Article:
Jonah Goldberg

Jonah Goldberg is one of the most prominent conservative journalists today. His column, syndicated by Tribune Media Services, offers shrewd analysis on a wide range of subjects, from political philosophy and economic trends to popular culture, with an entertaining writing style that speaks to a whole new generation.

With keen wit and hard-hitting insight, Goldberg brings a fresh perspective to the typical right-left debate, by rejecting party lines, talking points and stale clichés. He is the 2001 winner of the prestigious Lowell Thomas Award.

Goldberg's columns and articles have rapidly generated a large readership. A member of the USA Today Board of Contributors, Goldberg is a contributing editor for National Review and founding editor of "National Review Online." He is a former columnist and contributing editor for Brill's Content and former media critic for The American Enterprise. He also served as Washington columnist for the Times of London. Goldberg has written about politics and culture for the New Yorker, the Wall Street Journal, Worth, Commentary, the Public Interest, the Claremont Review of Books, the Wilson Quarterly, the Weekly Standard, Slate, TheStreet.com, New York Post, Women's Quarterly and Food and Wine.

Goldberg has appeared on "Good Morning America," "Larry King Live," "Today," "Nightline," "Hardball with Chris Matthews," "Politically Incorrect," "Special Report with Brit Hume," "Geraldo," "NBC Nightly News" and numerous other television and radio programs. He was senior producer of the award-winning series "Think Tank with Ben Wattenberg" on PBS. He has written and produced several PBS documentaries and specials.


 

Jonah Goldberg Samples

It's prime time for Scott Walker, whether he's ready or not

Any chef will tell you that you need great ingredients to pull off a great meal. Wisconsin Gov. Scott Walker has nearly all of the right ingredients to win the GOP nomination. The question is whether his timing is off.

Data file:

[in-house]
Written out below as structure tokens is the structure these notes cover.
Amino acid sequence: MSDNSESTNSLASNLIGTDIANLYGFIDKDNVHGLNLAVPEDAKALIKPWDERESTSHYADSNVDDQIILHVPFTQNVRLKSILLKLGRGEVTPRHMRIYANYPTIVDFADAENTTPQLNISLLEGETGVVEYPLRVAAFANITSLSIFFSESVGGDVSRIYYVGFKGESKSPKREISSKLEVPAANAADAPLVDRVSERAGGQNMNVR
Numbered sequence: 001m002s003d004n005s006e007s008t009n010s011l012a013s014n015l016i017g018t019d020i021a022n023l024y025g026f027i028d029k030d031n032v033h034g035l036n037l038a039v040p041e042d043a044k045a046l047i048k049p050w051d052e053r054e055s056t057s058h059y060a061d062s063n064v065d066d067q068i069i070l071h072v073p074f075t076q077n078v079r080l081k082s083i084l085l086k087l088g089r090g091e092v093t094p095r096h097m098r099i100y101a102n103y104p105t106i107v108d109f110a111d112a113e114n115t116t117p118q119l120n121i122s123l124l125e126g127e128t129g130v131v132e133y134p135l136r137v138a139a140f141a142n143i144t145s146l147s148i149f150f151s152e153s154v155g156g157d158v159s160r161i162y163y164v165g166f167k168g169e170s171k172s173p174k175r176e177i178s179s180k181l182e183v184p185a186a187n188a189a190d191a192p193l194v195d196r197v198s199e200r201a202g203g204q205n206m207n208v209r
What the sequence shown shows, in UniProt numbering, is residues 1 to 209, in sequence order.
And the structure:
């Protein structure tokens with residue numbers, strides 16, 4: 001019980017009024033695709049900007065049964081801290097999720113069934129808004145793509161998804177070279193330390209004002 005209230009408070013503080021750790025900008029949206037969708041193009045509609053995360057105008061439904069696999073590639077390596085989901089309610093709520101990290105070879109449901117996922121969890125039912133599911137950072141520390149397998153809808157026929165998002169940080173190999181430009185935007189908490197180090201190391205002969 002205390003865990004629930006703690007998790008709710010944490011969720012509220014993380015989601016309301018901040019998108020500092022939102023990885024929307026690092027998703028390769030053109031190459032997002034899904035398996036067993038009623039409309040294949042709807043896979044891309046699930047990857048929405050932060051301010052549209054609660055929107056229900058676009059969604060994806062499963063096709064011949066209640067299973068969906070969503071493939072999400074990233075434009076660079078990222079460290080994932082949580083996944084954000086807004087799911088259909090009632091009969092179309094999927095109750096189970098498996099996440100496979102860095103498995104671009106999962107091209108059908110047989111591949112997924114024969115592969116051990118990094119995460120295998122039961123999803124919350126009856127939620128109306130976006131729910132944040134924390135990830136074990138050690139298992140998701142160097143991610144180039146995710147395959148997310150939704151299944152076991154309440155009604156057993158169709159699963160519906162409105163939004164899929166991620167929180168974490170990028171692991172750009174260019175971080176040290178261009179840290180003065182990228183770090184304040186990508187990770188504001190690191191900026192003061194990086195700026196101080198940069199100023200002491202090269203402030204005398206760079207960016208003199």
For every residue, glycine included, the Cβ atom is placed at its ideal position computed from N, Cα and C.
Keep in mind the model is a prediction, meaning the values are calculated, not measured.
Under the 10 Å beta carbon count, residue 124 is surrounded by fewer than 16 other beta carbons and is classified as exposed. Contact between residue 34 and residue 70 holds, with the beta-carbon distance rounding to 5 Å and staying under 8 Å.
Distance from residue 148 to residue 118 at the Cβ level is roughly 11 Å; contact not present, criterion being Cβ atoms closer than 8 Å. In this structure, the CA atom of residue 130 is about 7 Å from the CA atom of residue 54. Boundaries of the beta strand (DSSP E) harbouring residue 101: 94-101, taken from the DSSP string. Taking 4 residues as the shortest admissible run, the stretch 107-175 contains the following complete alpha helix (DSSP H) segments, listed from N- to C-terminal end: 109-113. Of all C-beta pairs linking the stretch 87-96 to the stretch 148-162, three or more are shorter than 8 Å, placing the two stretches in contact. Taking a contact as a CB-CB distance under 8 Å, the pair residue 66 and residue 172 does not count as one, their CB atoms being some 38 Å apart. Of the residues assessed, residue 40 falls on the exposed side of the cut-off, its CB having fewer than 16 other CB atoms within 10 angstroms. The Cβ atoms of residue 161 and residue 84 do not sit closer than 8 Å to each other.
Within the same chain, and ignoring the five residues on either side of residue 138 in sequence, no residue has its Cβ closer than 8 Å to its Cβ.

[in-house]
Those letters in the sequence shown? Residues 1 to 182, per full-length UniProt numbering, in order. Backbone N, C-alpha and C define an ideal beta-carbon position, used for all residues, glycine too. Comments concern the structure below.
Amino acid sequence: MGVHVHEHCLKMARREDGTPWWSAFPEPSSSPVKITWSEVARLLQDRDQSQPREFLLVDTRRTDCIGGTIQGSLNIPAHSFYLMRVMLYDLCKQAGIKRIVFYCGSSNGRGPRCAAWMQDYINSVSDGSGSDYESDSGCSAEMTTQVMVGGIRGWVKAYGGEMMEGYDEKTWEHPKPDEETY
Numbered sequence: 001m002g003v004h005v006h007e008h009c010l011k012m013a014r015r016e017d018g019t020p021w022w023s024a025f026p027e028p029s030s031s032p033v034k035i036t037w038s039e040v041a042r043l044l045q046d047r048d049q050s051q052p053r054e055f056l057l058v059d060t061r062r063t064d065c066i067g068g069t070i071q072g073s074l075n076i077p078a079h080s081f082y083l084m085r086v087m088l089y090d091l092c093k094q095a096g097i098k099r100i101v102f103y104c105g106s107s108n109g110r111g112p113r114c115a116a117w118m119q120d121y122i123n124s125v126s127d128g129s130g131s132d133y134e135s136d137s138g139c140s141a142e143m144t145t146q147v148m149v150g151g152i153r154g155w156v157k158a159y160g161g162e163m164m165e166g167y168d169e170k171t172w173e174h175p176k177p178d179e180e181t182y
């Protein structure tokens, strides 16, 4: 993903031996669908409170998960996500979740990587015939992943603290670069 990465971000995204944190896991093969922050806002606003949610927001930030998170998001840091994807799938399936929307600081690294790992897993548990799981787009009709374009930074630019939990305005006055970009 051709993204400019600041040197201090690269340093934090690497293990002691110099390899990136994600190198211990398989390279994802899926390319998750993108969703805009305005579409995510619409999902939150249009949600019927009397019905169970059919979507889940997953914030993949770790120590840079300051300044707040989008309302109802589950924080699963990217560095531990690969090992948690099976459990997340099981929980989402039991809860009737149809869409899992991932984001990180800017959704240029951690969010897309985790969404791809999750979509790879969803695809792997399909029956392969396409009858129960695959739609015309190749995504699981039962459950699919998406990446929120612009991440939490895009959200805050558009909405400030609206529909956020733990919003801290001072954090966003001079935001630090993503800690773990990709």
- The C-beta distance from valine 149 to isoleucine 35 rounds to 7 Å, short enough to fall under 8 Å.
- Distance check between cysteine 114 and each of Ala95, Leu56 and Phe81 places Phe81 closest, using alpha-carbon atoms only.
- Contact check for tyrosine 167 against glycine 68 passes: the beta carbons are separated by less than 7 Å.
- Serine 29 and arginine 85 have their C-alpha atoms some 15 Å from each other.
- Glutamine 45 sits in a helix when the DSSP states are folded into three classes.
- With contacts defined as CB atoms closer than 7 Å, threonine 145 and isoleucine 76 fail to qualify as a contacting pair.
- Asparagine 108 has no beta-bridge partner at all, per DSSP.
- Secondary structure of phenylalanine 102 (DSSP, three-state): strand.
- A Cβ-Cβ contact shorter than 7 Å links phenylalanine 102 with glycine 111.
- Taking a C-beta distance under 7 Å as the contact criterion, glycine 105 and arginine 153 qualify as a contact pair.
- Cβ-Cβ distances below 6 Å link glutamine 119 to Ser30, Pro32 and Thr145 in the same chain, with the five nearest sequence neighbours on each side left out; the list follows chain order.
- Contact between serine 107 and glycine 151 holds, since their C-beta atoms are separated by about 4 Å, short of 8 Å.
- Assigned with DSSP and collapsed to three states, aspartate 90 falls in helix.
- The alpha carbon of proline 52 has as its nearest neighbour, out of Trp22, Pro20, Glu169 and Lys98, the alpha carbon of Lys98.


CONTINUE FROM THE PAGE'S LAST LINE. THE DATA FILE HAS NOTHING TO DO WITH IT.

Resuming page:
Is liberalism exhausted?

Canaries are not very formidable birds, but they have their uses. MSNBC is not a very formidable network, but its wheezing is similarly instructive. It is suffering "cataclysmic ratings declines" from already mediocre ratings to begin with.

Hillary Clinton's identity crisis

Is Hillary Rodham Clinton a McDonald's Big Mac or a Chipotle burrito bowl? That was the opening question of a front-page Washington Post story on Clinton's effort to figure out her "brand."

Silly denials of Islamic terrorism bring a silver lining

"Could this argument be any dumber?" That's how I began a column over a month ago in the wake of the Charlie Hebdo attacks. One month later, the answer to my rhetorical question -- "Could this argument be any dumber?"

The University of Michigan's tolerance problem

I once asked my late father if he had any experiences with anti-Semitism. So I suppose that's progress. He did tell me that the first time someone said to him "Don't Jew me" was during his freshman year at the University of Michigan.

Conservatives face bad-faith question of faith

At an event in London on trade policy, Scott Walker was asked about evolution. "I'm going to punt on that one as well," the Wisconsin governor replied. It wasn't a great answer, though there have been worse ones.

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